How Total Ad Value Will Change Everything You Know About Marketing

Today’s marketers are driven by data. Everything they do has to be substantiated with studies and detailed reports of the successes and failures of each campaign. Trouble is, as things stand, marketing tools are only tracking half the picture. While they track the effectiveness of driving behaviors, like click-throughs, they don’t provide deeper insights about what happens after the click. No matter how effective the ad campaign, the report won’t show that 99% of traffic driven to native app installs is lost to friction, and that landing pages suffer an 85% bounce rate.

So we got to thinking. What if there was a new metric that marketers could use to more accurately report the effectiveness and strategies of campaigns?

Call it TAV. Total Ad Value.

What is TAV?

We spend precious resources — in time, money, and human ingenuity — crafting brilliant ad campaigns for a huge group of channels, directing audiences to a specific place or action. Too often, the focus on driving that engagement obscures the bigger picture of what happens when a user’s taken the action you wanted of them.

We spend so much time working on the ad unit that we forego developing a brilliant landing unit.

Total Ad Value, in a nutshell, adds together the effectiveness of the ad unit with the effectiveness of the landing unit.

While the nitty-gritty of how campaign results relate to revenue can be rocky — in an awareness campaign, how would you judge TAV? — this concept is an exercise in taking a step back and thinking about what happens after the click or engagement.

Are they arriving on a landing page? At an e-commerce item? At a social sharing prompt? A native app download? If that experience isn’t part of the planning process for the ad campaign, it probably isn’t considered in the metrics, either.

And if it isn’t, your metrics are only reporting on half the picture.

How to measure TAV for Apps

As a thought experiment, say that an app install campaign spent $100 million for one billion impressions on social media, and yielded a 2.5% click-through rate. That’s twenty five million clicks, and an unbelievably successful campaign.

Let’s also say that the campaign’s goal was to drive app downloads and continued usage. We know that download friction leads to an appalling 99% loss in downloads immediately, and abandonment rates are considered acceptable at 85%.

Of the twenty five million clicks, only two hundred fifty thousand make it past download friction.

Going back to the initial investment of $100M, that’s $400 per download.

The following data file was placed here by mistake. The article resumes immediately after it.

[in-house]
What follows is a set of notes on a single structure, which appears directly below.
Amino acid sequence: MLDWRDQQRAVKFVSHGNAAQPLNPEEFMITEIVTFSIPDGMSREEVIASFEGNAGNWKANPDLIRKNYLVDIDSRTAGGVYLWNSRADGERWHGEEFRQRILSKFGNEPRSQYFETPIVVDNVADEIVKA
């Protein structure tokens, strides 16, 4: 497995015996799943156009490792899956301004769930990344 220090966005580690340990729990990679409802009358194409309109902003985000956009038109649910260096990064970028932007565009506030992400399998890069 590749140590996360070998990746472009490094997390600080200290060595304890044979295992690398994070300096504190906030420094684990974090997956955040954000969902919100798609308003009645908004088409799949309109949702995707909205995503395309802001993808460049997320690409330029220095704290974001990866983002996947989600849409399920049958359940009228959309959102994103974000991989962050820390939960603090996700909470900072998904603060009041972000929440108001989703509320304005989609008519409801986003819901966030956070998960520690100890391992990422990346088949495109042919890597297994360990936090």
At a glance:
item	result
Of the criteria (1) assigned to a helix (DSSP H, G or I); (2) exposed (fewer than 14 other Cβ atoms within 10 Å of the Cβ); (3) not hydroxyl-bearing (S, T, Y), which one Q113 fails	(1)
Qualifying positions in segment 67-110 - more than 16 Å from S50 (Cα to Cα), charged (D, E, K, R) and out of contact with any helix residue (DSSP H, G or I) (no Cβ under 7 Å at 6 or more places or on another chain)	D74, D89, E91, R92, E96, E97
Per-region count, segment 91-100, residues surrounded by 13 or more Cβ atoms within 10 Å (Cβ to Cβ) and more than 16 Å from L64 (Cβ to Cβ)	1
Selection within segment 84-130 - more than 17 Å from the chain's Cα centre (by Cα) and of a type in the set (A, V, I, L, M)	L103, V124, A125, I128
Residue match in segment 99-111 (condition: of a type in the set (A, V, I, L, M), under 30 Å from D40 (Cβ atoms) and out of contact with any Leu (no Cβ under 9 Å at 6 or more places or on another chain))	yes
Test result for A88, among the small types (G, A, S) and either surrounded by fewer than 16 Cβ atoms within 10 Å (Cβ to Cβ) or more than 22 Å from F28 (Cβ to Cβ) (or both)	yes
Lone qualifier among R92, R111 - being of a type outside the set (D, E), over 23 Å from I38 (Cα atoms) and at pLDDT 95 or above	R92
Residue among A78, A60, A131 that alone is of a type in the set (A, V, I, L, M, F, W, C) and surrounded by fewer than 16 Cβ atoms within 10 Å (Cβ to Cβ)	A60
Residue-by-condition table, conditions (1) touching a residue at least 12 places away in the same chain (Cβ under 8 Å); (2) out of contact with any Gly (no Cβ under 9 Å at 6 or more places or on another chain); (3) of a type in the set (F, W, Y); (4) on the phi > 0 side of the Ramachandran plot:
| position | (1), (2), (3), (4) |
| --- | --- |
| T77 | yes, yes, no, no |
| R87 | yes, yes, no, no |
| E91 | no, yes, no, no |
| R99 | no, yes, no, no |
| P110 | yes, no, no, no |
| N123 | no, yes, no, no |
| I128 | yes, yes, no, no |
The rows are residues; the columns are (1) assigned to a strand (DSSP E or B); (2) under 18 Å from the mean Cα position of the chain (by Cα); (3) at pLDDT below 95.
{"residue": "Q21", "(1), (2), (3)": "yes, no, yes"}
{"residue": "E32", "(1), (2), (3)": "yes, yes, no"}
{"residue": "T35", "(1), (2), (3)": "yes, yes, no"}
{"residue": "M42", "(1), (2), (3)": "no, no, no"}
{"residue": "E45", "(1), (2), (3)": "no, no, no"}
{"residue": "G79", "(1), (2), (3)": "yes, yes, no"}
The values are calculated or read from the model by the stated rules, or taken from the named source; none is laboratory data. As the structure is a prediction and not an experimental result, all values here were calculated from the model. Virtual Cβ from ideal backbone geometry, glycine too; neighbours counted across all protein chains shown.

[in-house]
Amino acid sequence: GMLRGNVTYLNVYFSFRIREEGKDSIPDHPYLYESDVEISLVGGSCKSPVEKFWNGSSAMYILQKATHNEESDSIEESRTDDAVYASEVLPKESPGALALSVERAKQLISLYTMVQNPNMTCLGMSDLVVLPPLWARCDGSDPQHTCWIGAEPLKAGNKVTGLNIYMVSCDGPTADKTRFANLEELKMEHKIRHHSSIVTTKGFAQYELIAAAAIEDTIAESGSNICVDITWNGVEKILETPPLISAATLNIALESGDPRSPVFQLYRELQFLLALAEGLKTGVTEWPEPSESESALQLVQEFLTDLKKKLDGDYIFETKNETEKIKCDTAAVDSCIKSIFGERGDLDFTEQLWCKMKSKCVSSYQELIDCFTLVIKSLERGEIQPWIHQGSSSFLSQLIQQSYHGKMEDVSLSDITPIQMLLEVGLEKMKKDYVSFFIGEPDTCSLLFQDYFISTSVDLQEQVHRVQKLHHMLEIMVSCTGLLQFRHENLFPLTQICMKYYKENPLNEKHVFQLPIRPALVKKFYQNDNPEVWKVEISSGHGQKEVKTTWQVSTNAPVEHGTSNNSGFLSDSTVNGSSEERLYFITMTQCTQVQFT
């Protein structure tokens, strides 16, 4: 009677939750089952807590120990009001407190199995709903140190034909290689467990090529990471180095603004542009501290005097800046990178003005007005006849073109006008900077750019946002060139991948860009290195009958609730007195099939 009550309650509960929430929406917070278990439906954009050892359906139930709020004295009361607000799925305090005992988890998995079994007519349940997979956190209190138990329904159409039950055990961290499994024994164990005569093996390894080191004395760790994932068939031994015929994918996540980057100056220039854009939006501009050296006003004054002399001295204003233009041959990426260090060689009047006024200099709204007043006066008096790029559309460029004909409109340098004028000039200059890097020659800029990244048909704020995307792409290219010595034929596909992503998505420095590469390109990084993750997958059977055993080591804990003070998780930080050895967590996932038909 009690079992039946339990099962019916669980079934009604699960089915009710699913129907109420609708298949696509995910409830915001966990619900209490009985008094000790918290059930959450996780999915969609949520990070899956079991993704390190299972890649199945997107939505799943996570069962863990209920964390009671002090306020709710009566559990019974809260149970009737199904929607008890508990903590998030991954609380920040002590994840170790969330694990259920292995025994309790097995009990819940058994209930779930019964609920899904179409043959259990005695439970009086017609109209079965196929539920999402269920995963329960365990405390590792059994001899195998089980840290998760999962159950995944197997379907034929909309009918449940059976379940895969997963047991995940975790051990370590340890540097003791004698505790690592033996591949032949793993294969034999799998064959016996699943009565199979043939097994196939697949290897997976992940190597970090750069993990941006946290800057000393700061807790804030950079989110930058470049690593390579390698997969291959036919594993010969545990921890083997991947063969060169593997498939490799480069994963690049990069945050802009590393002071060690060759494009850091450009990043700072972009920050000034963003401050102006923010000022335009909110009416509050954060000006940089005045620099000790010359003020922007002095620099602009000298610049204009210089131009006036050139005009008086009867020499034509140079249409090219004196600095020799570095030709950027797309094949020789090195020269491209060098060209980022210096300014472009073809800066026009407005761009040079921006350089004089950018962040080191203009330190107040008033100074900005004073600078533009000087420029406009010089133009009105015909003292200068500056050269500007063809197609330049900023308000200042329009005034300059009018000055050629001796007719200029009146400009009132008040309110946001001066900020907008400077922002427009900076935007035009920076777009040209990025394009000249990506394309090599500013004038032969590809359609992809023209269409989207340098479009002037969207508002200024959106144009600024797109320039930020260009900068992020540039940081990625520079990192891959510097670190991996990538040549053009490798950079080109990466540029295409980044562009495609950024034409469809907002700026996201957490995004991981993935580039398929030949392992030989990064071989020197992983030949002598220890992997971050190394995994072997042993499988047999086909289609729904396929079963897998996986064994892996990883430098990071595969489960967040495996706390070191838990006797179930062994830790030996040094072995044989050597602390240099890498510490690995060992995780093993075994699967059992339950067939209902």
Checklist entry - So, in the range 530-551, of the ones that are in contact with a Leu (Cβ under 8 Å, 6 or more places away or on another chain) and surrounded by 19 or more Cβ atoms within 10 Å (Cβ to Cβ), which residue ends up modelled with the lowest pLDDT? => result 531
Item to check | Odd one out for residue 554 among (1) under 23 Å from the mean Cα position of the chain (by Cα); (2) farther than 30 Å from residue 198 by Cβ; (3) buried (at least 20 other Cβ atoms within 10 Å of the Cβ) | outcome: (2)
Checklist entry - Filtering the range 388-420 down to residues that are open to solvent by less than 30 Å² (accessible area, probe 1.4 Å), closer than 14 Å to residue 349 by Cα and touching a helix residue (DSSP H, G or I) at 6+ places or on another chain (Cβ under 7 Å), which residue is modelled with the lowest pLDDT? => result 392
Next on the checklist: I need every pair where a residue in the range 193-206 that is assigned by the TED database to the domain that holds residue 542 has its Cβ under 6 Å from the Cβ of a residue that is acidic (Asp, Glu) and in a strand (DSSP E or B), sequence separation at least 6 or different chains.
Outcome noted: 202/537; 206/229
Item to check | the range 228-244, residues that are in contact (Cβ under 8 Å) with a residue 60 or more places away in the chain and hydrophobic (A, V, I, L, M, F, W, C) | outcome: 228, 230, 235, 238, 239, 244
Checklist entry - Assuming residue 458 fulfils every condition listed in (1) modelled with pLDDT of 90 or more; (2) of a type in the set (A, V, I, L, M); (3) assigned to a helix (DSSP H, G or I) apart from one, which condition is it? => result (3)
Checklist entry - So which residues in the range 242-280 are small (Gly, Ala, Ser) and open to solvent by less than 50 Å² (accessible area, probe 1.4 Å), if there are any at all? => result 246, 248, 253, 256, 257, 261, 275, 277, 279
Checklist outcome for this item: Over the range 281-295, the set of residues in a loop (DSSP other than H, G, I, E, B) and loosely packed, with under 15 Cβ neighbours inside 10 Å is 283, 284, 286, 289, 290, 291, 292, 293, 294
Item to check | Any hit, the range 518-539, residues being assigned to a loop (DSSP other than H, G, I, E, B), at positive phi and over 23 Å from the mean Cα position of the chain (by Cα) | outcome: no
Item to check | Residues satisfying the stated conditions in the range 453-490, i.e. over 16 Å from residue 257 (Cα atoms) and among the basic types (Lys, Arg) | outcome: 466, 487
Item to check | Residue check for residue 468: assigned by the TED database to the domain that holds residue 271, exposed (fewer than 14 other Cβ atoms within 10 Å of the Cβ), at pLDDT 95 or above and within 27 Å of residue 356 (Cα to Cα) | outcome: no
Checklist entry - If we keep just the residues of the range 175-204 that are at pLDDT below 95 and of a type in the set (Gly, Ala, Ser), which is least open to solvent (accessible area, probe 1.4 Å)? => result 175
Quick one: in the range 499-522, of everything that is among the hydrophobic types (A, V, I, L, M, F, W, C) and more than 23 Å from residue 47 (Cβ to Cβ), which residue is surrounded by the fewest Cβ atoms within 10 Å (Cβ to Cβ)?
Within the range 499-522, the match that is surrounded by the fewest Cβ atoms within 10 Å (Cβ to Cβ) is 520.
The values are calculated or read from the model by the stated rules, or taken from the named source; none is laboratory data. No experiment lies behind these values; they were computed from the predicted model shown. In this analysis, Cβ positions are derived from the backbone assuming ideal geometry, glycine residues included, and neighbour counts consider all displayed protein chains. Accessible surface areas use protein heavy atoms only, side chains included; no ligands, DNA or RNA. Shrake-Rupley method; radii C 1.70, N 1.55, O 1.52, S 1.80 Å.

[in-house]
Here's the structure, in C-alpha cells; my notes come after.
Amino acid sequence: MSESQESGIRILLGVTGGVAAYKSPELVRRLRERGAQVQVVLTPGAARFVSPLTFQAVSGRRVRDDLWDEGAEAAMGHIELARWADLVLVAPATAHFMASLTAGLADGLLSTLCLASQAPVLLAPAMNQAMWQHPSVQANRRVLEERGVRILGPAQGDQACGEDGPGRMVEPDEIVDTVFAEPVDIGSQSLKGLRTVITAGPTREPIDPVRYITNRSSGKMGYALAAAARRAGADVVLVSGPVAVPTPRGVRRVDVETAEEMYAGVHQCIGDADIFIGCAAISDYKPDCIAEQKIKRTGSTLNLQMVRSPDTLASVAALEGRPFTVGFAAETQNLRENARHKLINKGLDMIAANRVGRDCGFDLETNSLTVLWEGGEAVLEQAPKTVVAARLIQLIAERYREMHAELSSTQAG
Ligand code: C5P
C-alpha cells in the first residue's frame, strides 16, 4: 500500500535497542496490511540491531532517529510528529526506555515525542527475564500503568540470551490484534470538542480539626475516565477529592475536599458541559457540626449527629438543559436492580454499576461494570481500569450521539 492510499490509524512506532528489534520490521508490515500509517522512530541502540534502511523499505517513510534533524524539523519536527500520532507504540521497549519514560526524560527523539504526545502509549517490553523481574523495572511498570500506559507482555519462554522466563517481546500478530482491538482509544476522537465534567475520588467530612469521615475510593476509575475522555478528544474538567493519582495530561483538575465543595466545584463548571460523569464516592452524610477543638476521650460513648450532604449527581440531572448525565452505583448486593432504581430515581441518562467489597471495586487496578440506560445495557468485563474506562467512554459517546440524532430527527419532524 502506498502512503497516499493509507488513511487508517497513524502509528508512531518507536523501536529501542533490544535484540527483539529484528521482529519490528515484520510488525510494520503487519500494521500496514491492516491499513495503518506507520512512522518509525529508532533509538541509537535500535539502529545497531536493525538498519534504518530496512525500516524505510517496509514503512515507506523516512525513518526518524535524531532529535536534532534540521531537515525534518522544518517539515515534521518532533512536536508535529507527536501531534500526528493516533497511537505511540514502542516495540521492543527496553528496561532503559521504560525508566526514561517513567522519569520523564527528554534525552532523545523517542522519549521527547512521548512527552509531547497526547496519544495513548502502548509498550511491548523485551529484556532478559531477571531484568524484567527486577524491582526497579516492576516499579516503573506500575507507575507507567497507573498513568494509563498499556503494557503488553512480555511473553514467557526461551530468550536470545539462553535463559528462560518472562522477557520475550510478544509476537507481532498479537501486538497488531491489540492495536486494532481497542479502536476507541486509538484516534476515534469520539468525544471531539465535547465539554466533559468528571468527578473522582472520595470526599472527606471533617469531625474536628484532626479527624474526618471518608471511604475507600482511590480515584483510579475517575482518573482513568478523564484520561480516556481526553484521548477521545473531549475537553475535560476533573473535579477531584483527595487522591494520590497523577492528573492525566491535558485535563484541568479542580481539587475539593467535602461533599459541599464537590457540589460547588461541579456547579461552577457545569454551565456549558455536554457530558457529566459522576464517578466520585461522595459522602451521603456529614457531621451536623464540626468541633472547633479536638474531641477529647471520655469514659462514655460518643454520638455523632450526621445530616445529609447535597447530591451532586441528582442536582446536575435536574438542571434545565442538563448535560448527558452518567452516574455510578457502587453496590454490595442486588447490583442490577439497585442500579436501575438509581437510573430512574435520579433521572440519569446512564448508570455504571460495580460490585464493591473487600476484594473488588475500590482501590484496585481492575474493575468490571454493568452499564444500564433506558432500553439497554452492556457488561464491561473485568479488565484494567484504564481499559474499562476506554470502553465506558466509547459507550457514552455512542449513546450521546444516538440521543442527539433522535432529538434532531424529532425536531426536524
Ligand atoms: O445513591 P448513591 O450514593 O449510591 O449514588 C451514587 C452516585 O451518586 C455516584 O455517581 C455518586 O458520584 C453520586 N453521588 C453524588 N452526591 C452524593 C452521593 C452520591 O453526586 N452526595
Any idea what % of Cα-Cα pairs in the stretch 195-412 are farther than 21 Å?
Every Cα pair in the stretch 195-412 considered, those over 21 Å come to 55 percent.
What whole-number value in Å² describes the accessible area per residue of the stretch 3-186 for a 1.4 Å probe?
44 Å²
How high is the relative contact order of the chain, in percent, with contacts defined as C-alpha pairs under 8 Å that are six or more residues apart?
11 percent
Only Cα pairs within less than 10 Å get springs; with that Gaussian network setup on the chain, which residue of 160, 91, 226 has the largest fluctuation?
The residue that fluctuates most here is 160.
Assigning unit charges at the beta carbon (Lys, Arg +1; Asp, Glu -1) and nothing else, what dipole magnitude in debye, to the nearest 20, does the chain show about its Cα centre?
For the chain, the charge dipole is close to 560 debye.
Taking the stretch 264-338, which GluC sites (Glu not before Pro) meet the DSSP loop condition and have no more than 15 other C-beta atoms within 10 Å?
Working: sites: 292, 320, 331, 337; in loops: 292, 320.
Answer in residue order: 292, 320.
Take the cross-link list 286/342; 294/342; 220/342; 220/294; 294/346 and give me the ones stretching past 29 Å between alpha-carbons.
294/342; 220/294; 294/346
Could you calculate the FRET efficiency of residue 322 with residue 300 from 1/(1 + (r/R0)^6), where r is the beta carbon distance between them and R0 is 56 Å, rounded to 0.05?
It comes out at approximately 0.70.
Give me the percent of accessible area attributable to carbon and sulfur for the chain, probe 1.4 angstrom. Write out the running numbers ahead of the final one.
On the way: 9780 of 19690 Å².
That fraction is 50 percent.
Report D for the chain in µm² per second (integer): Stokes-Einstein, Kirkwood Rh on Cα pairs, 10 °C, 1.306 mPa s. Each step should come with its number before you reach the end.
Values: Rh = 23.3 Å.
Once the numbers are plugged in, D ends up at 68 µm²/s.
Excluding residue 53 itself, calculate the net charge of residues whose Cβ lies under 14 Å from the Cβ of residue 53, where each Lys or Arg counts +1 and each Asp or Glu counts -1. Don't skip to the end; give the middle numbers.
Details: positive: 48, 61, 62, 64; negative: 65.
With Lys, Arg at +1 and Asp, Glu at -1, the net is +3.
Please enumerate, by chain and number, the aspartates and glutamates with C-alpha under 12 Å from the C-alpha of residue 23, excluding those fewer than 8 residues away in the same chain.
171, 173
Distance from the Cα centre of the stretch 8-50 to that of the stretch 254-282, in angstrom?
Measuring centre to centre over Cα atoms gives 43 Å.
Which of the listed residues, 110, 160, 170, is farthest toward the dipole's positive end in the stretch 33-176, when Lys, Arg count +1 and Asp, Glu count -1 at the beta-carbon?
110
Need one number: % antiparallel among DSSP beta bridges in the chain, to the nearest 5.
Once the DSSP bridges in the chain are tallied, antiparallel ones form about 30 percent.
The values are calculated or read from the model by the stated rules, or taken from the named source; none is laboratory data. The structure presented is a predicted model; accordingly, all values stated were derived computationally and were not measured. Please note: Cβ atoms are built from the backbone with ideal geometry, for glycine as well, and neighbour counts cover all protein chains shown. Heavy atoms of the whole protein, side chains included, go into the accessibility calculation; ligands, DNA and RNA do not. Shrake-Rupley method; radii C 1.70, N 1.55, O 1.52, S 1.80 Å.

Alarm bells should already be going off, but let’s take it one step further. App abandonment rates are astronomical and vary per app genre, but let’s take the 85% number as our example.

Losing 85% of users leave only 37,500 total users who downloaded and stuck with the app. The cost-per-acquisition of these customers?


What would the lifetime value of these consumers need to be to mitigate those staggering costs?

For a Coca Cola customer, for instance, whose average lifetime value in 2012 was $45.47 per year, the campaign is a massive loss.

How to measure TAV for web pages

Say that we decided to direct the above campaign directly to a website rather than a mobile app download page. We have our $100M in spending, one billion impressions, and 2.5% CTR, leaving us with twenty five million clicks.

Bounce rates on the web are huge. According to a Kissmetrics study, bounce rate across all industries is at an average of 40.5%. Among those, Retail sites average 20%-40%, content sites average 40%-60%, and landing pages bounce 70%-90% of visitors.

Looking at landing pages, our $100M, twenty five million-click campaign would lose 17.5 million of those clicks to bounce at a minimum. The worst-case scenario is that only 2.5 million of those clicks actually see the content. That $100M investment ends up costing $40 per visitor.

In Coca Cola’s case, that single campaign is almost covered by the annual value of the customer. Even if the per-customer cost is significantly lower for landing pages, the return doesn’t justify the investment.

Opening the floodgates

For most marketers, these numbers aren’t all too surprising, and the real numbers are significantly worse, as CTRs almost never reach 2.5% in campaigns. And those rates aren’t where the real trouble is.

When we look at the customer journey, we see that the bottleneck is in download friction and bounce rates — also a known quantity. In response to those issues, the practice of buying more impressions to boost final numbers became commonplace.

These are just a couple of examples of how looking at campaigns from the perspective of Total Ad Value can shake the foundations of digital marketing. These barriers are considered inevitable costs of doing digital business.

But what if we could break that barrier? What if, using Instant Apps, we could guarantee, 15% bounce rates on mobile web campaigns? You’d be looking at 21.5 million users sticking around to get your message. That’s just over $4 per user.

Or what if you decided to forego your native app entirely, replacing the experience with an Instant App? That 99% download friction is no longer in question, and the full twenty five million clicks go straight to your content.

When you take TAV into account, and build the post-click experience into your campaign planning, you can make a monumental difference in performance.